To Anthro's observation-----those Aces with the most kills were likely those who flew the most missions.

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 Post subject: Re: Military stuff ... past and present.
PostPosted: Wed Jul 11, 2018 6:15 pm 
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chijohnaok wrote:
...Japan were...


The Japs had some very well trained pilots at the start.


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 Post subject: Re: Military stuff ... past and present.
PostPosted: Wed Jul 11, 2018 7:19 pm 
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wulfir wrote:
chijohnaok wrote:
...Japan were...


The Japs had some very well trained pilots at the start.


Yes, Japan had been at war (against China) since 1937, so at the point that they attacked the US/Allies in 1941, they certainly had an experience core of pilots.
I'm not sure how much dogfighting experience that Japanese pilots accrued against the Chinese, but they certainly had flight hours built up.

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 Post subject: Re: Military stuff ... past and present.
PostPosted: Thu Jul 12, 2018 3:56 am 
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chijohnaok wrote:
Yup, additionally, Germany and Japan were in war much earlier than most other countries.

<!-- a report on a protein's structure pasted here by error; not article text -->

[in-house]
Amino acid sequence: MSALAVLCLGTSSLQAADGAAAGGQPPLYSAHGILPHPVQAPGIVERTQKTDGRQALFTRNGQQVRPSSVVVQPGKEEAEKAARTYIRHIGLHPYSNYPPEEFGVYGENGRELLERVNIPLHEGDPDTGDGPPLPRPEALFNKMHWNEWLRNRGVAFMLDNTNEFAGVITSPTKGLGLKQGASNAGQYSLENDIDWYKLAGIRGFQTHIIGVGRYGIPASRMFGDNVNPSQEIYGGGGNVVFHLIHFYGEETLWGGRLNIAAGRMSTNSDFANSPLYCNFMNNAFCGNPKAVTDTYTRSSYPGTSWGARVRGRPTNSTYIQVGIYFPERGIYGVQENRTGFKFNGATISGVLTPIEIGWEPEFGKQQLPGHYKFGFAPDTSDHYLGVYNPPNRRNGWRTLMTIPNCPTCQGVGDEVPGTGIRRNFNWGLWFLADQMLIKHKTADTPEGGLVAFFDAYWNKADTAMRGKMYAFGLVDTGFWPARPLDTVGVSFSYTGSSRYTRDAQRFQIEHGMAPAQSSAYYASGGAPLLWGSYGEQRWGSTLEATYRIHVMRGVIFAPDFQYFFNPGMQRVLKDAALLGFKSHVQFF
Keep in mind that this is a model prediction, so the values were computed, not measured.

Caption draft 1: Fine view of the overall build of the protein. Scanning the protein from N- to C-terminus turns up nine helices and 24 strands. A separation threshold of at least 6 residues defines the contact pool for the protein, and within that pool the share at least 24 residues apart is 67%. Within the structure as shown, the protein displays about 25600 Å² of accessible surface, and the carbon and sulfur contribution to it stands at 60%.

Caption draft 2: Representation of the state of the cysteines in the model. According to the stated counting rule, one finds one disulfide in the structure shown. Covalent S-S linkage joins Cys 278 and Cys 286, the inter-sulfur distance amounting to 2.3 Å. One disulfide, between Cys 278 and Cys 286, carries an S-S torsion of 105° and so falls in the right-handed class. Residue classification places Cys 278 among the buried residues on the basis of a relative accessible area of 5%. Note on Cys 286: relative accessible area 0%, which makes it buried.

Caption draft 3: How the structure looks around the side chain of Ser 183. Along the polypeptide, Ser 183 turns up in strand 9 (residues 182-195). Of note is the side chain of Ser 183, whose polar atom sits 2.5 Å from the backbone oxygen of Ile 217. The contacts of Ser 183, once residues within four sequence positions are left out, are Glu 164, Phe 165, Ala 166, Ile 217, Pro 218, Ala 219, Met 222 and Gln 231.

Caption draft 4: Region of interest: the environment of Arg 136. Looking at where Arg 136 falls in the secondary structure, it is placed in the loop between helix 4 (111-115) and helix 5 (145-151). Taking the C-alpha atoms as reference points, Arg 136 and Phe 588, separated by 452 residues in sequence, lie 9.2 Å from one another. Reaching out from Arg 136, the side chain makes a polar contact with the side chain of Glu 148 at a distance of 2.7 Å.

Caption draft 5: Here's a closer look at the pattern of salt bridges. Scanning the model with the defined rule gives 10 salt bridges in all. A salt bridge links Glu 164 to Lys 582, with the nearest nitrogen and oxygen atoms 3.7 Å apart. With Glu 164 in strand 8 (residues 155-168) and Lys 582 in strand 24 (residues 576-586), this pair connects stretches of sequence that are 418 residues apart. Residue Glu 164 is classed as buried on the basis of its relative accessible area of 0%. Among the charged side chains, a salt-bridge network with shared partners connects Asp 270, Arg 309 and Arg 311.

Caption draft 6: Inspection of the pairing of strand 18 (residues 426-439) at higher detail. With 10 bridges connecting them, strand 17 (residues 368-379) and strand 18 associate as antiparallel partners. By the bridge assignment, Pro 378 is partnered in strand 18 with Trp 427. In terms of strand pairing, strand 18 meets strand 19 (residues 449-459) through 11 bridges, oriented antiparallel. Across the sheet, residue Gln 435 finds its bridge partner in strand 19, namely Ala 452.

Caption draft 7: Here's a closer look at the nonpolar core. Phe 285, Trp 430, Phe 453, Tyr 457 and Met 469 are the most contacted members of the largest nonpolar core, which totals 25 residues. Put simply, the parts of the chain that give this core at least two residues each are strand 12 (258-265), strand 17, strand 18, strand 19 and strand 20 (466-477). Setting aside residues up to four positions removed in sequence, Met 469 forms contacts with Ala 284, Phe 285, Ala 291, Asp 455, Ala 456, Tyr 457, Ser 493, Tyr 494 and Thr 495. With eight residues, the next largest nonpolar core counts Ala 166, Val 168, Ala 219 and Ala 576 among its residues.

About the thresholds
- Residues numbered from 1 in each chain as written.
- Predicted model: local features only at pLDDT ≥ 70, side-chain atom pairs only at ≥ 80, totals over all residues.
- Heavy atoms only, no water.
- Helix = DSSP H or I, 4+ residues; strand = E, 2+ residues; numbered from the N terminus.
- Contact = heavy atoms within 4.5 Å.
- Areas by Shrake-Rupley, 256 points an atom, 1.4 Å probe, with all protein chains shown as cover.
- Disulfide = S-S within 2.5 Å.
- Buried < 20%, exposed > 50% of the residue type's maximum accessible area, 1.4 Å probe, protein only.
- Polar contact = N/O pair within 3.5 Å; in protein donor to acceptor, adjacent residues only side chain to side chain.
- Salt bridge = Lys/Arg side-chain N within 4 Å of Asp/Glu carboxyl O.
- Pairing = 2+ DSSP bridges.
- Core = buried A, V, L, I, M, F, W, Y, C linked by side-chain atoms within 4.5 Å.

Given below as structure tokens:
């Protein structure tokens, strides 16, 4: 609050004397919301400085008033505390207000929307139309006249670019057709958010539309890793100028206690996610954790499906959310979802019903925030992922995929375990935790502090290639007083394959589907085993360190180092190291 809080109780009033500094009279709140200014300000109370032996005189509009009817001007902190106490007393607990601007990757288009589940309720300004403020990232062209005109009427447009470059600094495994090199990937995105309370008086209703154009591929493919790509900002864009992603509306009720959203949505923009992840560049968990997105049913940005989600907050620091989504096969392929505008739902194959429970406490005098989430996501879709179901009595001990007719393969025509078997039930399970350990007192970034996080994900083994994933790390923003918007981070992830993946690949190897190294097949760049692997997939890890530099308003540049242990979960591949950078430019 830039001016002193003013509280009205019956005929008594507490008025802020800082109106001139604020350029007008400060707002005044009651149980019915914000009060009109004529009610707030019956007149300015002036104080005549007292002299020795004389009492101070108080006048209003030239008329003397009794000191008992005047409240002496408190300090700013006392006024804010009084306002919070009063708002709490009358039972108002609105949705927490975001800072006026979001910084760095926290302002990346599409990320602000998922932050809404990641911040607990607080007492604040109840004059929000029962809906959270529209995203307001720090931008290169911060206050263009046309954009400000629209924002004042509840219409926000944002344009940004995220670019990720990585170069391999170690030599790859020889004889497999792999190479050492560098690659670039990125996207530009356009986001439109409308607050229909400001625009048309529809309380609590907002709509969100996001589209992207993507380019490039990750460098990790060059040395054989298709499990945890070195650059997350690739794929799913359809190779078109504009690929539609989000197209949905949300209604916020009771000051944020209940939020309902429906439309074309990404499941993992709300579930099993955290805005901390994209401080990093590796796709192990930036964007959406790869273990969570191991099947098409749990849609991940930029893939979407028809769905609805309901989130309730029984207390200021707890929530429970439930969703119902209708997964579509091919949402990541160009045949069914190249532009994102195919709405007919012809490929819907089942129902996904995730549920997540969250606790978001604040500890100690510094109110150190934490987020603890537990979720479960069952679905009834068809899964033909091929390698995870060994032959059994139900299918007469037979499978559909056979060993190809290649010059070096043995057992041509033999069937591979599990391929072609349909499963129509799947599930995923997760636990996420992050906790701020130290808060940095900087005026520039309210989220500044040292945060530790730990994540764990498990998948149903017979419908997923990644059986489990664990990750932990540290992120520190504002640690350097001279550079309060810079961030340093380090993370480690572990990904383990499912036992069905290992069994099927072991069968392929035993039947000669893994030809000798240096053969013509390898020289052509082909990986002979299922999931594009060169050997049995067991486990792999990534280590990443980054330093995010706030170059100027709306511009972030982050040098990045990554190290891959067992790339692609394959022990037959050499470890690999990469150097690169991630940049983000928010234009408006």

Additionally, I think both these countries tended to fly their pilots until they were dead or permanently incapacitated. Its my understanding that the US (at some point) implemented a rotation policy for air crews.

I found this document which indicates that starting in July 1942, The US Army Air Corps called for a rotation out of front line service after one year.
http://www.afhra.af.mil/Portals/16/docu ... 151431-133

That was not apparently applied universally though as some theaters of battle received more replacement pilots than others, meaning that commanders could not return some overworked pilots/flight crews until they actually had their replacements.


To Anthro's observation-----those Aces with the most kills were likely those who flew the most missions.


Guys like Marseille got shot down ... how many times? Before learning how to fight the enemy. In his early days he didn't have the hang of it - he was your typical would-be-ace. Early on in the training he demonstrated outstanding handling of his fighter but when sent against experienced British pilots he kept being shot down to the extent that iirc. his friends were joking that he should be regarded as an Allies' ace!

Then he got the hang of it and mastered his tactics and became incredibly effective.

What is also surprising that there were many pilots who started the war and ended it without reaching anything remarkable or out of the ordinary. Ace begins with 5 victories so indeed iirc. majority of the long term veteran pilots ended up as aces though there were many that didn't manage to get very many victories.

Aerial combat was very difficult and dangerous and many if not most surviving pilots emphasized survival over chase - because if you didn't even a rookie could shoot you down when you were too focused on a single target that could lead you on purpose in front of his wingman for a lined up clear shot. How many experienced and skilled pilots were lost like this against 'lesser' foes over such folly?

In the air skill didn't make people invulnerable and everyone was trying their best to master the art of dogfight. Even average pilots could often put up a good fight against the aces.